Summer Sleepaway Camps for Kids: Taking a Step Back

Summer camps have been around for over 150 years and while the rest of the world has changed tremendously through the years, in many ways, summer sleepaway camps have remained much the same. A summer spent at sleepaway camp can be like a trip back in time to a simpler and slower place — for many, a respite for 21st Century children living in an overscheduled and technologically overloaded time. Check out these ways camp is a bit like stepping back in time.

Technology Break

Camp may well be the last unplugged environment for children. It’s a place where iPhones and iPads are left at home, giving campers a chance to take a much needed break from technology. “I think in today’s world, the break from technology is one of the most important benefits of camp for children,” says Ginger Clare, Director of Camp Kippewa, a girls’ overnight camp in Maine. “While it can be hard for campers to be away from their phones and social media, campers come to realize how nice it is to have that break and be disconnected from the pressure of social media. With no screens, campers are having real face-to-face interactions with friends. If an issue arises, girls have conversations in real-time to work it out instead of messaging each other back and forth. Campers are actually learning how to have in-person interactions with peers at camp which is something that used to just happen before children had their own phones.”

Genuine Friendships

Camp allows for true friendships to thrive. The camp program is intentionally created for children to connect with one another and unlike the school year, campers have time to just focus on friendships without sports practice and school work getting in the way. “Unfortunately, today’s young people have a false sense of connection based on how many friends or likes they have on social media but these aren’t face-to-face connections,” explains Jed Dorfman, Director of Camp Walt Whitman, a coed overnight camp in New Hampshire. “At camp, everyone is so present. Campers bunk together and sit down together for meals. It allows for campers and staff to make meaningful connections like friends used to do so many years ago.”


It used to be that families would sit down together at the end of the day for dinner, but with after school activities most nights and dual working parents working longer hours, the family dinner is a rarity for most families. “Our camp comes together and eats as a camp family. Campers sit with their bunk and counselors and eat family style, with each person taking equal shares,” says Clare. “Camp is busy in its own way but it’s structured for building community and meal times allow everyone to chat around the table about the day or about a topic we provide to help structure the conversation.”

Outdoor Time

Let’s face it. Today’s children don’t spend as much time outside as they used to. During the school year, children are busy going from sports to a music lesson to hours of homework at home, with little time to just be outdoors. “Most of the day is spent outdoors at camp. Campers are running around, just breathing the fresh air and connecting with nature,” explains Clare. “On the opening night of camp, we have the girls just listen to the loons on the lake, the waves on the shore, and the buzzing of insects, allowing them to take the time to just appreciate the greater world and nature around us.”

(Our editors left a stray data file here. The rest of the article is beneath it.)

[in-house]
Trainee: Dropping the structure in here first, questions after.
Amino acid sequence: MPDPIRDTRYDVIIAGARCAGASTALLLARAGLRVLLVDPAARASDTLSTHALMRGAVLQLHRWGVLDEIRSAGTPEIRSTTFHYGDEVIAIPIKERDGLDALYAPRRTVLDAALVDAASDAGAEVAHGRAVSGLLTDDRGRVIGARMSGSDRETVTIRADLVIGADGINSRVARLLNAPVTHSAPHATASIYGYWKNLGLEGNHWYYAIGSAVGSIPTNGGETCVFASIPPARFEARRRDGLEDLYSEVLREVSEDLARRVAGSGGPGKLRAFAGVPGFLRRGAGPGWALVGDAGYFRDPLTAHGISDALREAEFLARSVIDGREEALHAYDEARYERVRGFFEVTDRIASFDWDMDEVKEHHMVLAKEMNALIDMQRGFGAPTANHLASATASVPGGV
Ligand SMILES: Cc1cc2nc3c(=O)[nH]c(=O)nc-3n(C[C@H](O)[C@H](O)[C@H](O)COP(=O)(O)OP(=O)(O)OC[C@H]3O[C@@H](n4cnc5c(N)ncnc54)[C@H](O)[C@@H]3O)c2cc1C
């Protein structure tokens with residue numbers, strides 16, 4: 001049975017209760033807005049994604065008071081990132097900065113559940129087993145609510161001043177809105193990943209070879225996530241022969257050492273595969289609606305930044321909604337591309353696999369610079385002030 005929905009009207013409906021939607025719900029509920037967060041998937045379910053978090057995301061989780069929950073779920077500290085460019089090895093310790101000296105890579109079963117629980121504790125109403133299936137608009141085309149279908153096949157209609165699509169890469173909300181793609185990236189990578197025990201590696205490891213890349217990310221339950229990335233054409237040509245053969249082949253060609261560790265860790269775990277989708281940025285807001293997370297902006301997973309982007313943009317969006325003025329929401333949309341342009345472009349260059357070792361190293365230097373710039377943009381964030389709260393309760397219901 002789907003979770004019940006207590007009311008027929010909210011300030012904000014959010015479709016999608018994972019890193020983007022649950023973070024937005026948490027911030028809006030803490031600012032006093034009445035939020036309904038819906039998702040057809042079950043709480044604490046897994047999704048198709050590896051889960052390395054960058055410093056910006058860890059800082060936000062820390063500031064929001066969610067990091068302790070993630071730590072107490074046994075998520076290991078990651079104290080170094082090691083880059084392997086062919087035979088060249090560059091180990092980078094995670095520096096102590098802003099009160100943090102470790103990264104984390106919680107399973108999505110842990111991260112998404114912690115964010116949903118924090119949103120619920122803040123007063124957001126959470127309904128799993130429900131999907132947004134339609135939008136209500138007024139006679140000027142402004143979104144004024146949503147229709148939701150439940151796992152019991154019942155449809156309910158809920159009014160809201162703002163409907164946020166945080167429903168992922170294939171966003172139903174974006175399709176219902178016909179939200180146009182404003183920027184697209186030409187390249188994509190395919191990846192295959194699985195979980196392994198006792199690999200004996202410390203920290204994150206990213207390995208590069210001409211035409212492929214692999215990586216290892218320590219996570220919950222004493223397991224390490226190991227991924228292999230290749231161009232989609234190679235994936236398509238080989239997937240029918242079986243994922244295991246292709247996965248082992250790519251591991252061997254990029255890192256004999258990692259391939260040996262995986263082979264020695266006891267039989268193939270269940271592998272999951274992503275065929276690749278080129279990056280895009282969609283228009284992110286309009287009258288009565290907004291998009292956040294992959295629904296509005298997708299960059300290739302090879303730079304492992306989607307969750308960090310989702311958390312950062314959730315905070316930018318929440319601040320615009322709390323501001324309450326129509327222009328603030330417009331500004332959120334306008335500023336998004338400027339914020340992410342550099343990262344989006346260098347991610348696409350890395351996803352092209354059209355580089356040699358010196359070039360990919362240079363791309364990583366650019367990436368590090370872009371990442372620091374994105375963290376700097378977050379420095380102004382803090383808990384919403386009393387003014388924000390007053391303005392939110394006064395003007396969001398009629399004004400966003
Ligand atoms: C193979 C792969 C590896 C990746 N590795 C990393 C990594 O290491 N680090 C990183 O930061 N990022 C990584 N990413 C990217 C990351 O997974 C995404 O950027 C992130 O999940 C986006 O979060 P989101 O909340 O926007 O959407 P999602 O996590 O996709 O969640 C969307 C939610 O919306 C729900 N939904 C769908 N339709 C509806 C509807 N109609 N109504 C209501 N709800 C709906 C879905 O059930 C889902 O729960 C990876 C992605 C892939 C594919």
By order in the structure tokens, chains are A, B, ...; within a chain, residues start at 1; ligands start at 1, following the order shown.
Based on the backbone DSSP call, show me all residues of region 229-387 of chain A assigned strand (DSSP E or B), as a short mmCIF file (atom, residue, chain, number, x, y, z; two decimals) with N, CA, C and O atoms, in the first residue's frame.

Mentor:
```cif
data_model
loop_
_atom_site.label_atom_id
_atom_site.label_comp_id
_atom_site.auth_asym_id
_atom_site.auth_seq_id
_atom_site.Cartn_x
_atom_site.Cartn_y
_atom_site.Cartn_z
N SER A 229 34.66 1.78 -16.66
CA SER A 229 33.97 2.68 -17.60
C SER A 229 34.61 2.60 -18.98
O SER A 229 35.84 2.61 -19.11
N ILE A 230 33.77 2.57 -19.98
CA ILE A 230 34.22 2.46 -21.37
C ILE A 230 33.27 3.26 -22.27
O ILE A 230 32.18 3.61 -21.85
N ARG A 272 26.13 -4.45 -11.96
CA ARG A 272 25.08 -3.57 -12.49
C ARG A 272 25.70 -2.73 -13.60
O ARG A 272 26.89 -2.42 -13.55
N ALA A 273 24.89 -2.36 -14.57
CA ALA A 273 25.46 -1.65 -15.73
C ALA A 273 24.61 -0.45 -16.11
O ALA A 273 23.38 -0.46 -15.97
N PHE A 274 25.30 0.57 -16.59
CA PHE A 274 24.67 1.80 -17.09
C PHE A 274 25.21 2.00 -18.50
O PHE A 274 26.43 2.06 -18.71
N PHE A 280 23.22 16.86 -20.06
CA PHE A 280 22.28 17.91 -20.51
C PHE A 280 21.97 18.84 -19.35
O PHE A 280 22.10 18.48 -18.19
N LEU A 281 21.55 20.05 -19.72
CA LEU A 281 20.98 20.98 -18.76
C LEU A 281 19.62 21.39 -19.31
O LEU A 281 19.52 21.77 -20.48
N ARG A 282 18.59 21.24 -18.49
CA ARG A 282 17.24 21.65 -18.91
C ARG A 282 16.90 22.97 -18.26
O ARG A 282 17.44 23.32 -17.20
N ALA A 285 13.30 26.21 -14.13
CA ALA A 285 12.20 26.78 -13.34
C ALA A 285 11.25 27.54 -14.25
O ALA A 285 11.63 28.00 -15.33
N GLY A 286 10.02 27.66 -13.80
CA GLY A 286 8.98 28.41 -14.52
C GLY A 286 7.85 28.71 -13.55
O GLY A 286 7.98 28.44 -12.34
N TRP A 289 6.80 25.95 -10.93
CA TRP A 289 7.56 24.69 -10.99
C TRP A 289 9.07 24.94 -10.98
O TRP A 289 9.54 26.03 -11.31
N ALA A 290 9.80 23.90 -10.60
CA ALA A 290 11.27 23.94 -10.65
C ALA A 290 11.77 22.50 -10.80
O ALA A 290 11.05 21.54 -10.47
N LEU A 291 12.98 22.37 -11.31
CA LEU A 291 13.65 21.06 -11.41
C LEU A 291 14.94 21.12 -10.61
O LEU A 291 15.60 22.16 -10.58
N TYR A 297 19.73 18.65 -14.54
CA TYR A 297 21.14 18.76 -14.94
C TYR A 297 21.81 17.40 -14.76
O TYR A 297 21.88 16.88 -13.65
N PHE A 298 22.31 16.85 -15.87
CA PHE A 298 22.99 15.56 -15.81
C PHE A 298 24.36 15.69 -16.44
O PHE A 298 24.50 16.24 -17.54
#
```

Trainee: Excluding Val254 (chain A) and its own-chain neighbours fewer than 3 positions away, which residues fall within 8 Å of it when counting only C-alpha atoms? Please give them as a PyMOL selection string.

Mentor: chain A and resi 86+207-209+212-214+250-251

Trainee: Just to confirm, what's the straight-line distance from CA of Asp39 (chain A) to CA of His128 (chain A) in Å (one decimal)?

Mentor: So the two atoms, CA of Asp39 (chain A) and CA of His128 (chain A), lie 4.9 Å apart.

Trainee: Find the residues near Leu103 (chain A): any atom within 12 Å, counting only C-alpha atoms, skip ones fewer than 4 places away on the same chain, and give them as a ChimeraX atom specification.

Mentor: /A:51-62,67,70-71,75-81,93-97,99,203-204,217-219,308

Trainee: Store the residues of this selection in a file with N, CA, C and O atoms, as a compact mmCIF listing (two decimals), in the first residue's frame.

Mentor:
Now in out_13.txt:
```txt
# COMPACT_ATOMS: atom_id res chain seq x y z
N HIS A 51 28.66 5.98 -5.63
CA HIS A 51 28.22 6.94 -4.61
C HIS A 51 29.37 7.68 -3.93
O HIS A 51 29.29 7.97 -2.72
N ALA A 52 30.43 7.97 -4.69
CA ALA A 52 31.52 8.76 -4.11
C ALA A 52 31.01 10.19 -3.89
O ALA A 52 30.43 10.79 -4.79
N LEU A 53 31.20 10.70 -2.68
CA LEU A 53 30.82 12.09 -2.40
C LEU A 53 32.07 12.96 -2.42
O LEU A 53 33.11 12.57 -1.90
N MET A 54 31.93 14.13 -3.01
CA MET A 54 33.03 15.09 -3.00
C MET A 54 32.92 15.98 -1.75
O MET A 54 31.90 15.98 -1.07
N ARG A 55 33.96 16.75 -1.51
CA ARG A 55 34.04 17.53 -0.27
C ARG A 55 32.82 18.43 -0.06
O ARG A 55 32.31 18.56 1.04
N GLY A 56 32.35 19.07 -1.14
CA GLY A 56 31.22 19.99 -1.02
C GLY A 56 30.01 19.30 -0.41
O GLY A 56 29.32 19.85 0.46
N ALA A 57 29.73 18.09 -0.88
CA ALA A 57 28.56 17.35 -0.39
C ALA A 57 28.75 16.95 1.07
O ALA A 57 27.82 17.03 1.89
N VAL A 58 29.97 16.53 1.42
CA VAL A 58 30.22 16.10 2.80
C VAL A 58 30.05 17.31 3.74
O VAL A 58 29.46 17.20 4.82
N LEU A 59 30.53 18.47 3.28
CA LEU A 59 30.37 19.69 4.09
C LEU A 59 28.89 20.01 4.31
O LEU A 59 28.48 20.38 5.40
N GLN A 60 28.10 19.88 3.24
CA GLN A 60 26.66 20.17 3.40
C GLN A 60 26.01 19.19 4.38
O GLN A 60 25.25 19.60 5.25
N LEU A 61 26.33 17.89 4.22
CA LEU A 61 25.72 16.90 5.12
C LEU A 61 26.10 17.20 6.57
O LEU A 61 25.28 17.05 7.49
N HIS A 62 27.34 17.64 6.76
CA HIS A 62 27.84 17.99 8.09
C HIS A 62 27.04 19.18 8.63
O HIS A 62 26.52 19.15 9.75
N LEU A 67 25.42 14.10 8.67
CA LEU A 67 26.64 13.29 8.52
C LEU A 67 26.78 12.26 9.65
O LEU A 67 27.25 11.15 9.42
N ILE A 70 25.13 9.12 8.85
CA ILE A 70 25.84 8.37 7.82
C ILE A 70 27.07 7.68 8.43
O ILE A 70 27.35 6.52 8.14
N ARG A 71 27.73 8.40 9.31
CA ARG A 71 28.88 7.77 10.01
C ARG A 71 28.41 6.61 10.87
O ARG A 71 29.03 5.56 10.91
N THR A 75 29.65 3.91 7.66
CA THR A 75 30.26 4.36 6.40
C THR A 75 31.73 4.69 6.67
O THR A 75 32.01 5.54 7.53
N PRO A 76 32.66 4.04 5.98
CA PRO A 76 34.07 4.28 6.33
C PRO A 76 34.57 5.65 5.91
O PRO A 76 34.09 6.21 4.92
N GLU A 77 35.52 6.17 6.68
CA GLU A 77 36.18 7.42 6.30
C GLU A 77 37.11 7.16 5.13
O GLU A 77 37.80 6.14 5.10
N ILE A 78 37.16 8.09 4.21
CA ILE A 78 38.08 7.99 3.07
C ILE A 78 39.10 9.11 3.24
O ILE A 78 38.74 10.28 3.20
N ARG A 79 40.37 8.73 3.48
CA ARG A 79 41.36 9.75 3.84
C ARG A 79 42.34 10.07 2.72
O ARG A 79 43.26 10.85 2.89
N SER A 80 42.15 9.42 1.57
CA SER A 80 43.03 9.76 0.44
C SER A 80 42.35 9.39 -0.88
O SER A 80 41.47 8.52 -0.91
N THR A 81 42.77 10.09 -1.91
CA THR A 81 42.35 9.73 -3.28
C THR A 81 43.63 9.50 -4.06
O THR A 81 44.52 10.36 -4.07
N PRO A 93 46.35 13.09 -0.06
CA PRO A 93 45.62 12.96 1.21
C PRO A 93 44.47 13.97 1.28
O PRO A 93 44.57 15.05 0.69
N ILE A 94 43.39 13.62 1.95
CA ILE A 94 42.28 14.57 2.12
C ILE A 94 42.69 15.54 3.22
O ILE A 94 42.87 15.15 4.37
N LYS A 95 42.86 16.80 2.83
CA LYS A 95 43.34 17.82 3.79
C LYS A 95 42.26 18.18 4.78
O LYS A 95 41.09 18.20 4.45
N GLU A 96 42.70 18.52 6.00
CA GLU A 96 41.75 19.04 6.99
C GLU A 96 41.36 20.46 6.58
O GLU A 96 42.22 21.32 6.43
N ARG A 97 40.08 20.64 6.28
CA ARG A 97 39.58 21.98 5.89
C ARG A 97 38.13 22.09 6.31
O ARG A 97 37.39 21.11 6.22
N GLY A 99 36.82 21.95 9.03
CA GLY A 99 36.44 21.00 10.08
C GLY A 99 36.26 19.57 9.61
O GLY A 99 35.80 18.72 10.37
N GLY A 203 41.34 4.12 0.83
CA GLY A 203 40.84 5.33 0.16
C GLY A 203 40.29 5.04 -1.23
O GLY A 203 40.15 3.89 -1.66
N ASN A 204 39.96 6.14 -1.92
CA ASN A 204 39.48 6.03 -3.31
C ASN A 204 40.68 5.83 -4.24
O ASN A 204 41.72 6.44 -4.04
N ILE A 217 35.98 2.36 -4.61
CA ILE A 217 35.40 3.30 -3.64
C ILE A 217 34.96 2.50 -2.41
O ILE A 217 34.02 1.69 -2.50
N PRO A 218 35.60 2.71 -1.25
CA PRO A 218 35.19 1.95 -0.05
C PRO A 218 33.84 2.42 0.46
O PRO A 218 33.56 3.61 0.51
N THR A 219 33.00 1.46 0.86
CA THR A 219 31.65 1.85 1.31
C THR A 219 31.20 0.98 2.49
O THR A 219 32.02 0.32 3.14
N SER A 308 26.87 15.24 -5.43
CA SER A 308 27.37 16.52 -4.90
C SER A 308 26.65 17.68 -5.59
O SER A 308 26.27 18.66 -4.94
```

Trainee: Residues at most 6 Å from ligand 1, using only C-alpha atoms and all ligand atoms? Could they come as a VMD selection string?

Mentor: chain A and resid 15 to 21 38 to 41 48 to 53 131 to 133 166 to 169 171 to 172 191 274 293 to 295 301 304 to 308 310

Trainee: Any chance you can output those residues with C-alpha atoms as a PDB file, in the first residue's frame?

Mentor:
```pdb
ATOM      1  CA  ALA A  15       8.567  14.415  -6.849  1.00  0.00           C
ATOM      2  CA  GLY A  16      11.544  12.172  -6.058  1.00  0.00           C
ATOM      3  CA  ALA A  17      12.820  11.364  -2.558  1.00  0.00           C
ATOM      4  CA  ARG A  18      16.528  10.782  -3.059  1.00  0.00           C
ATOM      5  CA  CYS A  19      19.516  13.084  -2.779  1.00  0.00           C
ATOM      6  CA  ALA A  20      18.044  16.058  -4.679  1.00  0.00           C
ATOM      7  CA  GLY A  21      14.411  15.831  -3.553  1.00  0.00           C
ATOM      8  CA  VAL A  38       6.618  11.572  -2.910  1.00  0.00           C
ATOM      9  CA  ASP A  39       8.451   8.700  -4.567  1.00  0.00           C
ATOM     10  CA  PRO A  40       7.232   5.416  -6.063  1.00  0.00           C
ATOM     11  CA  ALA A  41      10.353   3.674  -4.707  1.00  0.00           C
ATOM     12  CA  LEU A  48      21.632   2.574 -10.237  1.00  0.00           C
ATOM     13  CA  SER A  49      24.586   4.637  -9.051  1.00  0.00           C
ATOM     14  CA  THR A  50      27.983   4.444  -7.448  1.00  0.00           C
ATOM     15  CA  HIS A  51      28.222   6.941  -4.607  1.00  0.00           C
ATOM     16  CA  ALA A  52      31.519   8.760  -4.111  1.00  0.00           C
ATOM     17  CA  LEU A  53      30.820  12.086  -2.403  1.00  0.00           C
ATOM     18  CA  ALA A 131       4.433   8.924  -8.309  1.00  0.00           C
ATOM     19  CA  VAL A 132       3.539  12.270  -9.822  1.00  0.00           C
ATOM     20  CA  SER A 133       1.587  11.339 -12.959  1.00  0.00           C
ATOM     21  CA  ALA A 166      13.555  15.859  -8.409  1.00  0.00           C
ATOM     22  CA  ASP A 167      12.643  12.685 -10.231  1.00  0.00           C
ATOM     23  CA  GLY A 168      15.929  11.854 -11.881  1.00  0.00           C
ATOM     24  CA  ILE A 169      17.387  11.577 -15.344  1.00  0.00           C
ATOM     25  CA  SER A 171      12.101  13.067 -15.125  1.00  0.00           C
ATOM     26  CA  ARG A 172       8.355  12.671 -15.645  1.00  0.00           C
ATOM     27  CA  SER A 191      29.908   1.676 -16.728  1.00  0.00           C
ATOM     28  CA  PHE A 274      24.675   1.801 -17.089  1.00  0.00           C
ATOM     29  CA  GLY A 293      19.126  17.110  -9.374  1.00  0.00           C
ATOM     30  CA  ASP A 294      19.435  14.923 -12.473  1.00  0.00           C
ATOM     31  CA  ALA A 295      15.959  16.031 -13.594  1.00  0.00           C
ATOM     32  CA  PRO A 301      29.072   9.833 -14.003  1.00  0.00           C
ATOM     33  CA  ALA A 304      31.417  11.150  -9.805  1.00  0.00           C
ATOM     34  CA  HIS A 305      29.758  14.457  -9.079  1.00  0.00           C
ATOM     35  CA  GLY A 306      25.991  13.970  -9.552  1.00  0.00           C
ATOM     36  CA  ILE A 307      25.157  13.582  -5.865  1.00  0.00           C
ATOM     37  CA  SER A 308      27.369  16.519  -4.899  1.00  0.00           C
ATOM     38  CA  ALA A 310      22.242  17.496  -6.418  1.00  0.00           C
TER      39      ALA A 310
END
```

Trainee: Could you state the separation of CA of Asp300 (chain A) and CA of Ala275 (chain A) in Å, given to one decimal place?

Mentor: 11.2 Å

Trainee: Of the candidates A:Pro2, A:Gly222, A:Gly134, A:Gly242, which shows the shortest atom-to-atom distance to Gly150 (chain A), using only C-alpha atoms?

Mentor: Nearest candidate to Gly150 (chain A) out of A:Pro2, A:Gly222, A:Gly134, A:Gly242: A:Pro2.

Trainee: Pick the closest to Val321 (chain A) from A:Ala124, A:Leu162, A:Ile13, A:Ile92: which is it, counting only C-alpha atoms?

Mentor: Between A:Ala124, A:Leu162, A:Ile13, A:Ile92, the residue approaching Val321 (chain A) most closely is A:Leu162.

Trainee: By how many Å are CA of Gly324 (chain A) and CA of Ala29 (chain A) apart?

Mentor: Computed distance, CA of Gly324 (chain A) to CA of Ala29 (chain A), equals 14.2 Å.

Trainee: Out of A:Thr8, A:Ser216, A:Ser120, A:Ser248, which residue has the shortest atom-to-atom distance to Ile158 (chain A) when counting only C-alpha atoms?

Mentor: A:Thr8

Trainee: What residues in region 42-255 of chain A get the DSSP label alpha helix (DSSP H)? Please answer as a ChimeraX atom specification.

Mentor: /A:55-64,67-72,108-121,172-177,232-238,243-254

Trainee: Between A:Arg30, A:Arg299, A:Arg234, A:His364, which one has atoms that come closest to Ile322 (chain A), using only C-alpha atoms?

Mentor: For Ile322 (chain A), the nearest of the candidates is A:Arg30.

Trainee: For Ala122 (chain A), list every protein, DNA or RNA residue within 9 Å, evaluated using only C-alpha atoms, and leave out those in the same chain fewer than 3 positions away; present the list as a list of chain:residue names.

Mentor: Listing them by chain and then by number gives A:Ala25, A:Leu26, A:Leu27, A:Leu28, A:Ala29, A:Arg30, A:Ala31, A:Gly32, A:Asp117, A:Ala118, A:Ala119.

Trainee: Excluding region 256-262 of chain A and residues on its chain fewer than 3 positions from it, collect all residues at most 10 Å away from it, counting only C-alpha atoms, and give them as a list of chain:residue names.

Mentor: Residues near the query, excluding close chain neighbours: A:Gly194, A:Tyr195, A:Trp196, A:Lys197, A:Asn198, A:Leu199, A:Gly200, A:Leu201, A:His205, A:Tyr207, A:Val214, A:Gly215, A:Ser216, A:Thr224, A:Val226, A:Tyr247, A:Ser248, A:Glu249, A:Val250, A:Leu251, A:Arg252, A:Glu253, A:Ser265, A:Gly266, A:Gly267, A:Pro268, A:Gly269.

Problem Solving

Camp is a place where campers can solve their own problems. “Growing up, all the kids would just play outside afterschool and we’d know to go home when the street lights went on,” recalls Dorfman. “Whether we were riding bikes or playing a sport together, we navigated our own way and addressed our own challenges and disagreements.  These days, parents try to solve their kid’s problems. Camp provides children with the opportunity to learn how to work things out on their own again, with the support of their counselors, which is an essential learning skill that many children have lost.”

Responsibility for Self and Others

Years ago, children often had a list of chores to do at home to help with the household. They didn’t need to be told to do them — they just did them because it was what was expected of them. “Each day, campers make their bed in the morning, straighten their area, spin the job wheel and maybe might be sweeping the cabin or straightening things on the shelves. There is a level of responsibility for themselves and their community at camp,” explains Dorfman. Ginger agrees and explains that campers at Camp Kippewa are also responsible for cleaning up on a regular basis. “Everyone knows it’s an expectation. Our campers take turns setting the table for meals, putting the food on the table and clearing the table. They understand that what they are doing is for the greater good of the group.”


Today’s children don’t have as much independence as children did decades ago. Dorfman feels that when he was growing up, there was a much longer leash for children but today, the parental leash is so much shorter. “We as parents try and protect our kids from anything that can go wrong,” explains Dorfman. “Children at camp are really well supervised but at the same time, they are given a sense of independence where they can take healthy risks that kids took a generation ago. My sense is that children who feel autonomous are less likely to be anxious. That’s why kids feel like they are their best selves at camp because they are allowed room to thrive in a way that they can’t at home when parents often over involve themselves.”